Nearly 13% of the content in today’s Australian Financial Review was about yesterday’s big announcement from Fairfax Media Limited (ASX:FXJ). In case you missed it – and if you’re a newspaper reader it would have been impossible to miss – Fairfax announced 1,900 job cuts, the creation of a pay wall for on-line content, a strategy to become a ‘digital’ business (whatever that means), and the closure of printing facilities in Sydney and Melbourne. It will also move to the tabloid format, a move sure to upset the aesthetic sensibilities of dozens of Age readers.
Part of the problem with the Old Media business model is its degree of self-absorption. Devoting nearly 13% of your pages to a $1.4 billion business is all out of proportion. Of course the story matters to the employees of Fairfax. But it’s not that big of a deal to investors. If the company were thinking more about readers and less about itself, it probably wouldn’t be facing $235 million in restructuring charges.
But the core of the problem is that the advent of on-line content has destroyed the old advertising revenue model of the newspaper business. As the revenues disappeared to on-line classified advertisers, the fixed overheads remained the same. Something has to give. You have to either shrink the cost structure or find new revenues.
It didn’t help Fairfax that in the first euphoric stages of the Internet boom, the pie-eyed web-geek consultants getting paid to tell everyone what to do told everyone that no one would pay for anything on the Internet. ‘Information wants to be free,’ they said.
Information itself has no value, we say. Knowledge, analysis, judgement…those are all more valuable than raw information. People will pay for certain kinds of information that add value. News Limited learned this early with the Wall Street Journal on-line. The Financial Times figured it out later.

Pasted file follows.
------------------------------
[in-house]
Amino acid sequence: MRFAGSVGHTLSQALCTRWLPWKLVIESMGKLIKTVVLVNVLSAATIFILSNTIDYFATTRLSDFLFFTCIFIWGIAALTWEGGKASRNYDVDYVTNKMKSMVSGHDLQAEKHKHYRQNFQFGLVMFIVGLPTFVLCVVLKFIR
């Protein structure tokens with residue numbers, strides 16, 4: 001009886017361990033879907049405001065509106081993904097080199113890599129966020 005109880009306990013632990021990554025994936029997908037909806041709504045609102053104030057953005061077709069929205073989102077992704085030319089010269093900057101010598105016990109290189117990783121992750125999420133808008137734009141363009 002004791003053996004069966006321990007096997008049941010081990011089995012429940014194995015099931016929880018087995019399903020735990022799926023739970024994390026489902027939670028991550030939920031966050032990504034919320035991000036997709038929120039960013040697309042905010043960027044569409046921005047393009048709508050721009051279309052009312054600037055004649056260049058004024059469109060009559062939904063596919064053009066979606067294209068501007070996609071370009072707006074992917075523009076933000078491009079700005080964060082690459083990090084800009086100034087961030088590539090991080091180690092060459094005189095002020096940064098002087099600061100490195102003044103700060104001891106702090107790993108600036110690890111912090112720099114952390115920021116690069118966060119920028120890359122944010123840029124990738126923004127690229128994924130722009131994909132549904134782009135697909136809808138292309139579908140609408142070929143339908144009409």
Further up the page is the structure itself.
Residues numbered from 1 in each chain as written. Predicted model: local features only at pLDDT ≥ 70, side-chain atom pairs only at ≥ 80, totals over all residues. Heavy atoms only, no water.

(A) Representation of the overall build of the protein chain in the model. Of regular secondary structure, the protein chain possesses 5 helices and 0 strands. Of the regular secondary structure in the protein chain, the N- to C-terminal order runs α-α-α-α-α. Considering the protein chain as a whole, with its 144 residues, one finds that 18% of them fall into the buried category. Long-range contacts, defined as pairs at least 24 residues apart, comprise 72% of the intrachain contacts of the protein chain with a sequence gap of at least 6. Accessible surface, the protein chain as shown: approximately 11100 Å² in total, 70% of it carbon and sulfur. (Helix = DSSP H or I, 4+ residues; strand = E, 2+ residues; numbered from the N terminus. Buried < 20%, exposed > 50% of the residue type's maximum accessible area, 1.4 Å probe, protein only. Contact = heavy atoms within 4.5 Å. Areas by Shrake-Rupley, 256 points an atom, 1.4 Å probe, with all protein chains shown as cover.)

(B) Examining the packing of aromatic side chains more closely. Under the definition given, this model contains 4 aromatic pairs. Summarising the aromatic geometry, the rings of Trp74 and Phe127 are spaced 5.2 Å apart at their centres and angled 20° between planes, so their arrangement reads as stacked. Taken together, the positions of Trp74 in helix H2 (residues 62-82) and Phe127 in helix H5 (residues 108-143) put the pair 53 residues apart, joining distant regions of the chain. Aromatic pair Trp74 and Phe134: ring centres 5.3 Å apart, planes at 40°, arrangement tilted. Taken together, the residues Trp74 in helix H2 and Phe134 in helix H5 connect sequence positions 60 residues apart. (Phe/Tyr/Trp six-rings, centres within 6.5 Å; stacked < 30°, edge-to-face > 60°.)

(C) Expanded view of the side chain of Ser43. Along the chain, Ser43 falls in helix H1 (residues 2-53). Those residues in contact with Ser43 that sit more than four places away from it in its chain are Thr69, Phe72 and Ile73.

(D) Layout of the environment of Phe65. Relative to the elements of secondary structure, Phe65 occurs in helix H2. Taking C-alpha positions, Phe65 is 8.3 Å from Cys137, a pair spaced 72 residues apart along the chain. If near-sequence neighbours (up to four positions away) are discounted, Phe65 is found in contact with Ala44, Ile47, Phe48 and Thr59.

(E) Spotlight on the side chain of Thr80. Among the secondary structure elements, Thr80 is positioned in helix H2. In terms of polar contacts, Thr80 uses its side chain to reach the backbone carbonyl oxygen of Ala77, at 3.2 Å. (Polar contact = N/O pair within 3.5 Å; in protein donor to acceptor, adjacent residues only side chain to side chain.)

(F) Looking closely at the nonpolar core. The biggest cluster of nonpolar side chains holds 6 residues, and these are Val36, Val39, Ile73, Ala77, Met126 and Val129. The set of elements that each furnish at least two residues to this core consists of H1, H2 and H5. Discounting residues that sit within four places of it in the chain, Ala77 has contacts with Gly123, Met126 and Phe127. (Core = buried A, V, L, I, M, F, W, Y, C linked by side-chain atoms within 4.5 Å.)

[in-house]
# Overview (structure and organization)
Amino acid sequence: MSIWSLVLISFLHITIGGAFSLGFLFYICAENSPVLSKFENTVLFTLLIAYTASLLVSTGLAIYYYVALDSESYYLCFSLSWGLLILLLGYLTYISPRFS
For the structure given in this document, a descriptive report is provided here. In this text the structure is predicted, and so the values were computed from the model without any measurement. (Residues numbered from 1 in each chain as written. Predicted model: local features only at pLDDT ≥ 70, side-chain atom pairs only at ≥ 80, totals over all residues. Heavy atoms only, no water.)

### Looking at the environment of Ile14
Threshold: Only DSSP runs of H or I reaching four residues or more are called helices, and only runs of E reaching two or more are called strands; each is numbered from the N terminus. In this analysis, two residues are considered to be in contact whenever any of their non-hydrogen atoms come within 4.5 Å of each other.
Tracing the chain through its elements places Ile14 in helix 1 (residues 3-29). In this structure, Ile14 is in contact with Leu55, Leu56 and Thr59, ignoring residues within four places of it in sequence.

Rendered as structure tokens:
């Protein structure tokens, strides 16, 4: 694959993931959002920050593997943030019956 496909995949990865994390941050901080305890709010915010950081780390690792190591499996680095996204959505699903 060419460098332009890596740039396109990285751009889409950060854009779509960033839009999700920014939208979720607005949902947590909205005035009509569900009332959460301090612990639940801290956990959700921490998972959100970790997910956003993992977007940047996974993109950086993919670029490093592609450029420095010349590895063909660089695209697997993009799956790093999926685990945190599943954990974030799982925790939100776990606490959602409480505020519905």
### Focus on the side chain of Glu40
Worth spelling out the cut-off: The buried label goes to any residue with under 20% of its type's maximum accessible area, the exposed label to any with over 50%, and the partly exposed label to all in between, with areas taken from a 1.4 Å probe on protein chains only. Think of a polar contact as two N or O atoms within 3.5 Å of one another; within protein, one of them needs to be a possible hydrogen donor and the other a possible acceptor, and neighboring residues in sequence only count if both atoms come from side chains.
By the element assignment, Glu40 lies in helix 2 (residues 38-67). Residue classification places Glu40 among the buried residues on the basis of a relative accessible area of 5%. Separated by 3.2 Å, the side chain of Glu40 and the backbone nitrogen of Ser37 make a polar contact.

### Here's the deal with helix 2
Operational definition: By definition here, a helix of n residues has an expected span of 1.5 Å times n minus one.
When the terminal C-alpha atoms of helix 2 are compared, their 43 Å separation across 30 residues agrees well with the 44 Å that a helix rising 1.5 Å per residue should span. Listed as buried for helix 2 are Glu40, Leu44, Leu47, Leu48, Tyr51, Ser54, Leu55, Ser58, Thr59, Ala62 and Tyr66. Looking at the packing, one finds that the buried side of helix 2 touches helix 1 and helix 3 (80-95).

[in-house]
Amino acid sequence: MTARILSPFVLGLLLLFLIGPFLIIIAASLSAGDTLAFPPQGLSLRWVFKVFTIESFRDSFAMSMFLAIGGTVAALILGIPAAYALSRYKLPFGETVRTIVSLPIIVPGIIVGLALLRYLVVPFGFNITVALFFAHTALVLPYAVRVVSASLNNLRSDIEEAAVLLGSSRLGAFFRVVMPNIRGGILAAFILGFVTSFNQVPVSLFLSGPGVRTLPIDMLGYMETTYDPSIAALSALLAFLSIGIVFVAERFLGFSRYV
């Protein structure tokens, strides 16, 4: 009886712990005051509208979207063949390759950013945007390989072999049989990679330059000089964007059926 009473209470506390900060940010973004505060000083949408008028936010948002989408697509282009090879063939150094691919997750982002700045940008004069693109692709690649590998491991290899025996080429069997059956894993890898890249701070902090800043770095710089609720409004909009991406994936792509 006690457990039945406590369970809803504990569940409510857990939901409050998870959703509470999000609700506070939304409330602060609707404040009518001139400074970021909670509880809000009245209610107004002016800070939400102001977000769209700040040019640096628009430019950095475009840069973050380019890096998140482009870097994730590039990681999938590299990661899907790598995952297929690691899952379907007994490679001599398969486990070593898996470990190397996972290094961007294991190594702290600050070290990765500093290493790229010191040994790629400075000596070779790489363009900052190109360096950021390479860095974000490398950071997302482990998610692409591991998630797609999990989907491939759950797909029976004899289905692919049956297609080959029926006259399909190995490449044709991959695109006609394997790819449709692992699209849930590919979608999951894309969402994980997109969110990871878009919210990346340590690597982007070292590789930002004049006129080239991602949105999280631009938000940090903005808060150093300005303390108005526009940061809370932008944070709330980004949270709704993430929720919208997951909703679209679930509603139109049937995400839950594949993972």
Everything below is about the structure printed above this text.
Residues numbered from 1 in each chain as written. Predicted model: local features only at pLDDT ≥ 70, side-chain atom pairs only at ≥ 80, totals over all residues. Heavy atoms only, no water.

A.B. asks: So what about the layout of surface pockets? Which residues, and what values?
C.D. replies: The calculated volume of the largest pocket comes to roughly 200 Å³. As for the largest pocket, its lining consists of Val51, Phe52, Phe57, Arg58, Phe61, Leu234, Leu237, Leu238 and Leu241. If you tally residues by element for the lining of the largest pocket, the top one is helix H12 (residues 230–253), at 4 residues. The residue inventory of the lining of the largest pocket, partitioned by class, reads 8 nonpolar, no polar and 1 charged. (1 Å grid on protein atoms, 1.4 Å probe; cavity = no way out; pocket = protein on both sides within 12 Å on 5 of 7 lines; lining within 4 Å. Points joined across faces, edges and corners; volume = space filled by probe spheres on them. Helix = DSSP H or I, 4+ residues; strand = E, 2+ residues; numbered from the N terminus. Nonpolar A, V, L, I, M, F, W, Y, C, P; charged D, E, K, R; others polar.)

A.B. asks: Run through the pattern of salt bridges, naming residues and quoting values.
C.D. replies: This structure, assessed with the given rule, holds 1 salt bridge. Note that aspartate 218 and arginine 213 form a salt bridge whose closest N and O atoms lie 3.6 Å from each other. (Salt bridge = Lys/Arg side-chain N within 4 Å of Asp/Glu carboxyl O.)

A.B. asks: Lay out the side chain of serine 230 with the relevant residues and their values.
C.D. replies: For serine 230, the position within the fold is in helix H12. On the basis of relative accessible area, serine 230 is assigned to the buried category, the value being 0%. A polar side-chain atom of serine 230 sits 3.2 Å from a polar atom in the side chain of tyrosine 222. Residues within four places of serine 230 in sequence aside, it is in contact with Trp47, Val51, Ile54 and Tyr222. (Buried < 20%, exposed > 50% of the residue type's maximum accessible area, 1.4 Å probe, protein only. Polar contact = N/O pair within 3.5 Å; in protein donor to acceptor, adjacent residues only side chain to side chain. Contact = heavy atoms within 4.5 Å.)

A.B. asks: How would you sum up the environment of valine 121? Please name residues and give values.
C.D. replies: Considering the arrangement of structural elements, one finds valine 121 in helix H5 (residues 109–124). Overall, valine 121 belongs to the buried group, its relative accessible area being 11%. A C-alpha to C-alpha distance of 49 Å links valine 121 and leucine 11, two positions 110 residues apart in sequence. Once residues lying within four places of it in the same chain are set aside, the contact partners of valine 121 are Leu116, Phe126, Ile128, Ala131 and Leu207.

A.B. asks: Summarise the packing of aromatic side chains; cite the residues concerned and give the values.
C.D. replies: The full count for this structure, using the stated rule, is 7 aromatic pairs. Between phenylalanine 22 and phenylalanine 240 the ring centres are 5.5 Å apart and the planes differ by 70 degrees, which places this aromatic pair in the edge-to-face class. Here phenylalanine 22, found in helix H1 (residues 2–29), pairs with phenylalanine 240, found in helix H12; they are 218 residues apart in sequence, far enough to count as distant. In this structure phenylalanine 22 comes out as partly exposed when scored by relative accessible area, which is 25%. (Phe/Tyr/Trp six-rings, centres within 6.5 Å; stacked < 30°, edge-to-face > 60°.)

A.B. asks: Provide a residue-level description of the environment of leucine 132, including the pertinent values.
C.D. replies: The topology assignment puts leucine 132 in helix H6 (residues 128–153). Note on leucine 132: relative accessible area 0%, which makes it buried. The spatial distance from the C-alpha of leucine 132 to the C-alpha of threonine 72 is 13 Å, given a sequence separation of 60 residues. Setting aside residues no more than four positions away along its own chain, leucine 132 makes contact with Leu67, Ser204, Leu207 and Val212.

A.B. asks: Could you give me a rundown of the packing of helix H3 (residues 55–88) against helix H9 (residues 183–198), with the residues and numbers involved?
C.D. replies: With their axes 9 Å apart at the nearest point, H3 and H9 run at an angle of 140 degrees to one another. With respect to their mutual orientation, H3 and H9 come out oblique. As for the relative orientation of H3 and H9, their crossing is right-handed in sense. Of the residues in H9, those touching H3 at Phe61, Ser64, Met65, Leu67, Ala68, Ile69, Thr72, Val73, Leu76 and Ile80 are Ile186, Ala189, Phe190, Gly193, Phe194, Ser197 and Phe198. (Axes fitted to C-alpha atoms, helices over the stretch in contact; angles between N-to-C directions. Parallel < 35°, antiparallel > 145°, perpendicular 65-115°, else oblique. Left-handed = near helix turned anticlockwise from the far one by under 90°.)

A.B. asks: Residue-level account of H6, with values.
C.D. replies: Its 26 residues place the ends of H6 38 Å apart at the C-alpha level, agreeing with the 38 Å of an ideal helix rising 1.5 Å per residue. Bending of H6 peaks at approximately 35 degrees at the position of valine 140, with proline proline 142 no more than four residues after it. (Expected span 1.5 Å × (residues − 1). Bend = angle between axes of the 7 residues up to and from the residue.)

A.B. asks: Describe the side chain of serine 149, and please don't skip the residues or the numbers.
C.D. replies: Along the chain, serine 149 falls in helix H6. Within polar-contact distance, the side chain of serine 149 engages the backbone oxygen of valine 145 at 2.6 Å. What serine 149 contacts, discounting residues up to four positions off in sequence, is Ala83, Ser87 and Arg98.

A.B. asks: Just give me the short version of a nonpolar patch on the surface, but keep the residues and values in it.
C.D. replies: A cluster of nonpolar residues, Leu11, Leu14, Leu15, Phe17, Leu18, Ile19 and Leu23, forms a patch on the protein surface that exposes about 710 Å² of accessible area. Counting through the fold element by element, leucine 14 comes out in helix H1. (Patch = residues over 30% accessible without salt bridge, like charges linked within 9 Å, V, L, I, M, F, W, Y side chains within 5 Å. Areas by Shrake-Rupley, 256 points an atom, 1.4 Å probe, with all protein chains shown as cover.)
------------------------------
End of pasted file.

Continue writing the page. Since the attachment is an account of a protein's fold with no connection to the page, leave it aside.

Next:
Financial publishers have made the leap to digital media more easily than the newspapers. Why? Financial content is something some people are willing to pay for. Gathering news on companies, sectors, and markets isn’t something ordinary people have the time or interest to do. And in some cases, it’s a matter of expertise. In other words, there’s a market for it.
Without the certainty of classified advertising and business advertising, the traditional Old Media publishers are going to have to find a way to deliver content people are willing to pay for. They can forget, or at least can’t rely on, advertising revenues. Their business will live and die with subscription revenue.
Personally speaking, we love buying the paper. Maybe it’s a generational thing. But flicking through the paper and reading what’s of interest is still our favourite way to consume information and be entertained. There will always be an audience for delivering news content in the print medium. But is that audience large enough to sustain a company with Fairfax’s overheads? Probably not.
But if push came to shove, we’d be a buyer of Old Media at these prices. Pay walls can work. And ultimately, there’s a market for information delivered in print. The Old Media managers are going to have quit whinging about their importance to democracy.
They’ve lost their privileged position as a gatekeeper to information and the secure advertising revenues that position brought them. Now it’s time to adapt. Someone will figure it out. And the model that emerges will be stronger, more robust, and profitable. Shareholders will be delighted.
for The Daily Reckoning Australia
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